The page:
Coming from a mixed race family and a father who grew up during the civil rights moment, he had a different idea what terrorism is. It doesn't just come from Muslims it comes from any one. So I never grew up with the idea that a religion is capable of committing terrorism rather it's the people who can commit terrorism.
Q) Is there any difference that you observe in yourself after embracing Islam?
I am a less angry person and have much more self-control. I don't do a lot of things that I used to that would have been detrimental to my afterlife.
Q)What do you like the most about Islam?
Probably the sense of community. I can go to a Muslim house and they all treat me like their long lost cousin. Every Muslim that I meet, though it is different for different countries because we have different culture, but for American Muslims I feel like I have known them for decades while I have only met them for an hour or two.
Q) What are your future goals?
Become a teacher, go to Makkah and Madinah and travel around the Muslim world, when it's more stable. Get married and have kids.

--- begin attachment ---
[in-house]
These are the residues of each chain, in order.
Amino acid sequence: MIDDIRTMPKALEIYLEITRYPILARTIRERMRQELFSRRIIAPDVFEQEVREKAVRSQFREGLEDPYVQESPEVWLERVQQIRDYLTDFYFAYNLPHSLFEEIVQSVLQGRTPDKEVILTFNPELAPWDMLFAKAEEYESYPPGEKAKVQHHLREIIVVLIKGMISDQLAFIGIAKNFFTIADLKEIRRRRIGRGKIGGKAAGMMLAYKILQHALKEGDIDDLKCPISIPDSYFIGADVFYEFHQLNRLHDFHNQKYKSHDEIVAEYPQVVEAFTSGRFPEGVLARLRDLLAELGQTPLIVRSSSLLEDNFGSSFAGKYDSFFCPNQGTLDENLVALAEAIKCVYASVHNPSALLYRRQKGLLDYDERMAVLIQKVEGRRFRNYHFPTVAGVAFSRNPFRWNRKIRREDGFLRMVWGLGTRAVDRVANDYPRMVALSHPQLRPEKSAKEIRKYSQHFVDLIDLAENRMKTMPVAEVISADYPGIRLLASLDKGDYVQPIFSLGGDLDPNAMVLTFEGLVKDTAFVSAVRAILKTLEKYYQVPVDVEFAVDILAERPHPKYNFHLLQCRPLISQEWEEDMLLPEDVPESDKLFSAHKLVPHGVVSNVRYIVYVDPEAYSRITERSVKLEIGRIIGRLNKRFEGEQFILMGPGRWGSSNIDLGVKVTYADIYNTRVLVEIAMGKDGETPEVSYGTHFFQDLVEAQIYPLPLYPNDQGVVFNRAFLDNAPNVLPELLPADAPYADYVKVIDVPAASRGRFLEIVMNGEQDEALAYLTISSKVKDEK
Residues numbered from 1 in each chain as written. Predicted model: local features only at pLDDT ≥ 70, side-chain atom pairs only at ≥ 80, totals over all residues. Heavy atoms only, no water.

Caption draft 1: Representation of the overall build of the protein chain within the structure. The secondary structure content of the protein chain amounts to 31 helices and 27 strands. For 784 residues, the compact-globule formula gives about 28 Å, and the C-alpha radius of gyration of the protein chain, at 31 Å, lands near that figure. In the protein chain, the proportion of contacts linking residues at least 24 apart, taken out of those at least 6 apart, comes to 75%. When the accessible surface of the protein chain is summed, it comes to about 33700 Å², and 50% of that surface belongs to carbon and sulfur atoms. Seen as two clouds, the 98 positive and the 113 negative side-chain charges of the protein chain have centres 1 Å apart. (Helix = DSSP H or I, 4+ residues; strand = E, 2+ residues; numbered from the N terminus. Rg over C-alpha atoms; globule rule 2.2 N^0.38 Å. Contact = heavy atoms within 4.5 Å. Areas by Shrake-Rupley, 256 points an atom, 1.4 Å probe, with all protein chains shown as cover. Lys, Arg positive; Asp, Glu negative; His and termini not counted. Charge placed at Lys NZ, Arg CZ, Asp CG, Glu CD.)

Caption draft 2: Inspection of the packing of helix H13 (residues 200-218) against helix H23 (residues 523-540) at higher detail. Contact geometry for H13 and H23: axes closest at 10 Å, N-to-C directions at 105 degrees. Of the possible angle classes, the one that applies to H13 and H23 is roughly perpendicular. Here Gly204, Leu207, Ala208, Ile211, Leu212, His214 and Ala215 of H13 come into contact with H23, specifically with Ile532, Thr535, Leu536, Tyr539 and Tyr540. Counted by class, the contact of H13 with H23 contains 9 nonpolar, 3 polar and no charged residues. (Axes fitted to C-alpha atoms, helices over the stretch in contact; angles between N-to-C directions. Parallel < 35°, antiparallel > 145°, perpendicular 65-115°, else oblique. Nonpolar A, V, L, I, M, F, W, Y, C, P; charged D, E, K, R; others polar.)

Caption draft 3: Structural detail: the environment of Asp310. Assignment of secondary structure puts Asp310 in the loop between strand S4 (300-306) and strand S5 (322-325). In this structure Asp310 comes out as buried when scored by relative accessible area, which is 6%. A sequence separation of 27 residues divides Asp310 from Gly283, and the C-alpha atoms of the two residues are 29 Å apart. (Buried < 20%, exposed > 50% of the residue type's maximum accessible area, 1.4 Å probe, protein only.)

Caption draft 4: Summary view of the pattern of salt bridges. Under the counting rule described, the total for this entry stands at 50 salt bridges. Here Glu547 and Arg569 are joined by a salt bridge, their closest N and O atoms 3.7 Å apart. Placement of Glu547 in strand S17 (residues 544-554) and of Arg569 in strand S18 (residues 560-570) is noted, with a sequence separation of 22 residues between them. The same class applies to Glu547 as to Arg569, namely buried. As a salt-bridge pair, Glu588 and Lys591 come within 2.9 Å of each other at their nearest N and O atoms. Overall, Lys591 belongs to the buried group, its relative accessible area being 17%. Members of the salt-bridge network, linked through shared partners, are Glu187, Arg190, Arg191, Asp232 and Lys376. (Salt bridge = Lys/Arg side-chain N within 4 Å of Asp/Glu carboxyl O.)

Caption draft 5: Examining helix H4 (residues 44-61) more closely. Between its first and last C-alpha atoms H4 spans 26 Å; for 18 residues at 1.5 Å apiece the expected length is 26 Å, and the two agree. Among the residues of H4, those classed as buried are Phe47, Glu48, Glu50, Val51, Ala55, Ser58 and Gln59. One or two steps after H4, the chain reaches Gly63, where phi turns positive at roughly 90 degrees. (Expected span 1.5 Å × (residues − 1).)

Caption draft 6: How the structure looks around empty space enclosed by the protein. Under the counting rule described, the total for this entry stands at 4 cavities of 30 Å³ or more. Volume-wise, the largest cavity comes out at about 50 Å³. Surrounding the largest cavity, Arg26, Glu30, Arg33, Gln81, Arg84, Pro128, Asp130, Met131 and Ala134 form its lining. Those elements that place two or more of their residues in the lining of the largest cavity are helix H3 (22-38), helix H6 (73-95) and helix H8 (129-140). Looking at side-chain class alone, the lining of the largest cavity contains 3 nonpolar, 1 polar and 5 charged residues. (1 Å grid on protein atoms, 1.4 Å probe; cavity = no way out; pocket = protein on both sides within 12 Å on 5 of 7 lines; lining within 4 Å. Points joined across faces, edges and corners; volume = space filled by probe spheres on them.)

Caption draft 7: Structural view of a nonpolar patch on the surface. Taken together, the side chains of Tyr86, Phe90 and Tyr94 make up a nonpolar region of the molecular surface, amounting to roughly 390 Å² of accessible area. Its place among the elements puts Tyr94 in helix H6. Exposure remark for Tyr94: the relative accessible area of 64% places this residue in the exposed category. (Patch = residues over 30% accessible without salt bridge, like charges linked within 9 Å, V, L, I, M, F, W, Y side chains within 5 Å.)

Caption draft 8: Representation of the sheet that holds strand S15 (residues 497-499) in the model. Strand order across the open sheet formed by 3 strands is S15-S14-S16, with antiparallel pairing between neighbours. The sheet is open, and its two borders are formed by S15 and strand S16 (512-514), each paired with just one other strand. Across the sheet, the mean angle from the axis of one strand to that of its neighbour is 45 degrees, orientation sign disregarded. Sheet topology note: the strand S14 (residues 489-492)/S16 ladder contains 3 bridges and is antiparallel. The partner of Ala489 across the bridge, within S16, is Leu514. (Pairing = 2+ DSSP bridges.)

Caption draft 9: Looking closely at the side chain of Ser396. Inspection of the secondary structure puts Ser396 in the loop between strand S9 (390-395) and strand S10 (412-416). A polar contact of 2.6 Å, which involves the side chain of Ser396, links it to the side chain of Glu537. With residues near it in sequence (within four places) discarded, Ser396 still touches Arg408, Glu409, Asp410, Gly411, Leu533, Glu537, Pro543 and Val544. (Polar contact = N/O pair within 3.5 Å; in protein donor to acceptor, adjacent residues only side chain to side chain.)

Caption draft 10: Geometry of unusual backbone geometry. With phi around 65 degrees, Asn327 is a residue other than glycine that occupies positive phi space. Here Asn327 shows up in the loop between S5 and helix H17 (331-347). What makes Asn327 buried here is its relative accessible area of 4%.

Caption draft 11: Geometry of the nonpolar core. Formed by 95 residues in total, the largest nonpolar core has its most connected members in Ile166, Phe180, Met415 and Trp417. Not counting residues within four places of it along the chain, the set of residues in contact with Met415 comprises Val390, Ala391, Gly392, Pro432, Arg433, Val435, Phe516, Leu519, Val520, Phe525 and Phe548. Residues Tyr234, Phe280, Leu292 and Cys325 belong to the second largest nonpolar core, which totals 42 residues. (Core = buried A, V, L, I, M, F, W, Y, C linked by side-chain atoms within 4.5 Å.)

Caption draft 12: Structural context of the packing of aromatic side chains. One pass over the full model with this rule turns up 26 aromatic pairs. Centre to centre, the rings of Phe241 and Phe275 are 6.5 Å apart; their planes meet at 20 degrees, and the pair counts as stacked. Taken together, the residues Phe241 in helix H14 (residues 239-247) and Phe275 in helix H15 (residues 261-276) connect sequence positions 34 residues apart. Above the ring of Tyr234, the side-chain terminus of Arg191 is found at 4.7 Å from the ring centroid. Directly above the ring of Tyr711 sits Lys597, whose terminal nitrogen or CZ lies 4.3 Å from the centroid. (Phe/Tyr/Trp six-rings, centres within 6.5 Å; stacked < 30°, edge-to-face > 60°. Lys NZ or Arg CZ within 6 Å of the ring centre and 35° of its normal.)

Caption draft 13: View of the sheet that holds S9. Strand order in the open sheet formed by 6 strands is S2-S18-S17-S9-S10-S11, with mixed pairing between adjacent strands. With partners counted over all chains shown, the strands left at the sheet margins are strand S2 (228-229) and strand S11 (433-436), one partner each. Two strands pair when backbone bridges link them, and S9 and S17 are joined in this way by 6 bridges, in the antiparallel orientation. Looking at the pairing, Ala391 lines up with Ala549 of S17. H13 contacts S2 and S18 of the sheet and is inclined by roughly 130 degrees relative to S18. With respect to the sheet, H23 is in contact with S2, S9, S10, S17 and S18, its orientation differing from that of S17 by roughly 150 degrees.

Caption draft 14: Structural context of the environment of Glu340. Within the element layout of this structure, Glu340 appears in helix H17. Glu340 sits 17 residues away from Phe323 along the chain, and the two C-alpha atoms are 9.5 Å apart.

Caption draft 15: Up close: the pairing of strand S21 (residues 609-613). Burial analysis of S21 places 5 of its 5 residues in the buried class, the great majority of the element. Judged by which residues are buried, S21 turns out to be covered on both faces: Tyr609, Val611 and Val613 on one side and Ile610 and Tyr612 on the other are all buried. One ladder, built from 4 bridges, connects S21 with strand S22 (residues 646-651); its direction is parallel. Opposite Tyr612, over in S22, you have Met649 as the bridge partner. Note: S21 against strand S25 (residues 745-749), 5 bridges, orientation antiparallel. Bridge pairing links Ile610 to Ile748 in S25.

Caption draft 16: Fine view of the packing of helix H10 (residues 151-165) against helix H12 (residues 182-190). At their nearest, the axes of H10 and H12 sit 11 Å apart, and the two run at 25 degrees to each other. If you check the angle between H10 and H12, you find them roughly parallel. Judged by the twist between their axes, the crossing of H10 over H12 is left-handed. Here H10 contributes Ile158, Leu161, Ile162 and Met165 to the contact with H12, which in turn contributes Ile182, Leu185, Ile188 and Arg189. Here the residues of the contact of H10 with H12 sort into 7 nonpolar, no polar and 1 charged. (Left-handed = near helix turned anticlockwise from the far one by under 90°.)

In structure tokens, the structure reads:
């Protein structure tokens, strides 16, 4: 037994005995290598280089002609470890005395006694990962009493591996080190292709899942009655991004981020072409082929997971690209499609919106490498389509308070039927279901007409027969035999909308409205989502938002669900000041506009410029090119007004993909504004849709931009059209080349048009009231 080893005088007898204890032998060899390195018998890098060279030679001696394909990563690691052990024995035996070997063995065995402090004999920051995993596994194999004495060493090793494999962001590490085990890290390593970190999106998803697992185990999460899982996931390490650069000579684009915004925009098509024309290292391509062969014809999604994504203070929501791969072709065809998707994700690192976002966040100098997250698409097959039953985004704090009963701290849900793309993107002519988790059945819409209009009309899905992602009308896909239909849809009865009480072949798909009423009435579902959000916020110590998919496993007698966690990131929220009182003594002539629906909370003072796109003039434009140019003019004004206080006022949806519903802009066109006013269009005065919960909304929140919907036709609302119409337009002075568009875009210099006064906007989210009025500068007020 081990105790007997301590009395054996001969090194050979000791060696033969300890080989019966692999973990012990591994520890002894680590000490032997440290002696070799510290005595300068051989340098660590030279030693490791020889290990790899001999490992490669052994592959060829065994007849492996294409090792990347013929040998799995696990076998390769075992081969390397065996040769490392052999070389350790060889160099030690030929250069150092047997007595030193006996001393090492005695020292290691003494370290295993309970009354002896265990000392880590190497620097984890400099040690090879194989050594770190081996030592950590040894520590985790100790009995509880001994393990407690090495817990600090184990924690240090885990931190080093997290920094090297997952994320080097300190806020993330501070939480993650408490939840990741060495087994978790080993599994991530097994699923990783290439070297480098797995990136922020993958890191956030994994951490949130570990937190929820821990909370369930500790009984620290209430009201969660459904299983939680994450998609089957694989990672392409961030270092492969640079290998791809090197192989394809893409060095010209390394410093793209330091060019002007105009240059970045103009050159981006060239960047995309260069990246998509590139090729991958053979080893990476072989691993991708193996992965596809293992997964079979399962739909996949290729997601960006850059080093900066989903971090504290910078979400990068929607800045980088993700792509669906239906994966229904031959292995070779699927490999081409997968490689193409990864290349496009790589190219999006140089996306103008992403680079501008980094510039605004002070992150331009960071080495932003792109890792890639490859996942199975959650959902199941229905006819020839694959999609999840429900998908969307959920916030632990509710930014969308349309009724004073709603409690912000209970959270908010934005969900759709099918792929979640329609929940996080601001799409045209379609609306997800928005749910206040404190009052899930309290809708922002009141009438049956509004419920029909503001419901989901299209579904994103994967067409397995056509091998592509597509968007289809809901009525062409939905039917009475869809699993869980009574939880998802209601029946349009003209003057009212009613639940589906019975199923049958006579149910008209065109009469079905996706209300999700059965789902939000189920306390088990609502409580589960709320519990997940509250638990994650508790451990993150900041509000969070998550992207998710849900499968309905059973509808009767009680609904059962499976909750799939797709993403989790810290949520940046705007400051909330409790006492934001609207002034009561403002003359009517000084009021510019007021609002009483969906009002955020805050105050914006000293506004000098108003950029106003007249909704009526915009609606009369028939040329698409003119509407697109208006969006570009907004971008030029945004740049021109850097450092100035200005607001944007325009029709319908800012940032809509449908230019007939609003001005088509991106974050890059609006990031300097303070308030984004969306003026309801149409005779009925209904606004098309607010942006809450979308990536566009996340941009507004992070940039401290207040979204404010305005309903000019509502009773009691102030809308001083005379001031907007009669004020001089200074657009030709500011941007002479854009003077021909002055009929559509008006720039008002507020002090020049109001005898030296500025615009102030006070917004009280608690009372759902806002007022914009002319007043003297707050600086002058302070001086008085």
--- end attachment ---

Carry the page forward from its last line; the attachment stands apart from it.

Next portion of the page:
Q) Would you like to share anything with the readers?
People often think that I am not from the U.S. because I am a Muslim. For some people at the university, it's hard to realize that there are American Muslims. Even if I tell them that I was born in the U.S. they'll want to know where my parents and even my grandparents are from, which is fine, but also it makes me wonder, do they really believe me when I say that I am both an American and a Muslim.
Q) Any message that you would like to give to the MSO members and affiliates?
Islam is more than just from where you come from, because Islam has different faces depending upon where you go. But one should always remember that Muslims, regardless of their origin, are all brothers and sisters in the religion.
Q) A message for the readers?
Life can be easily and quickly extinguished. Don't waste your time on this earth!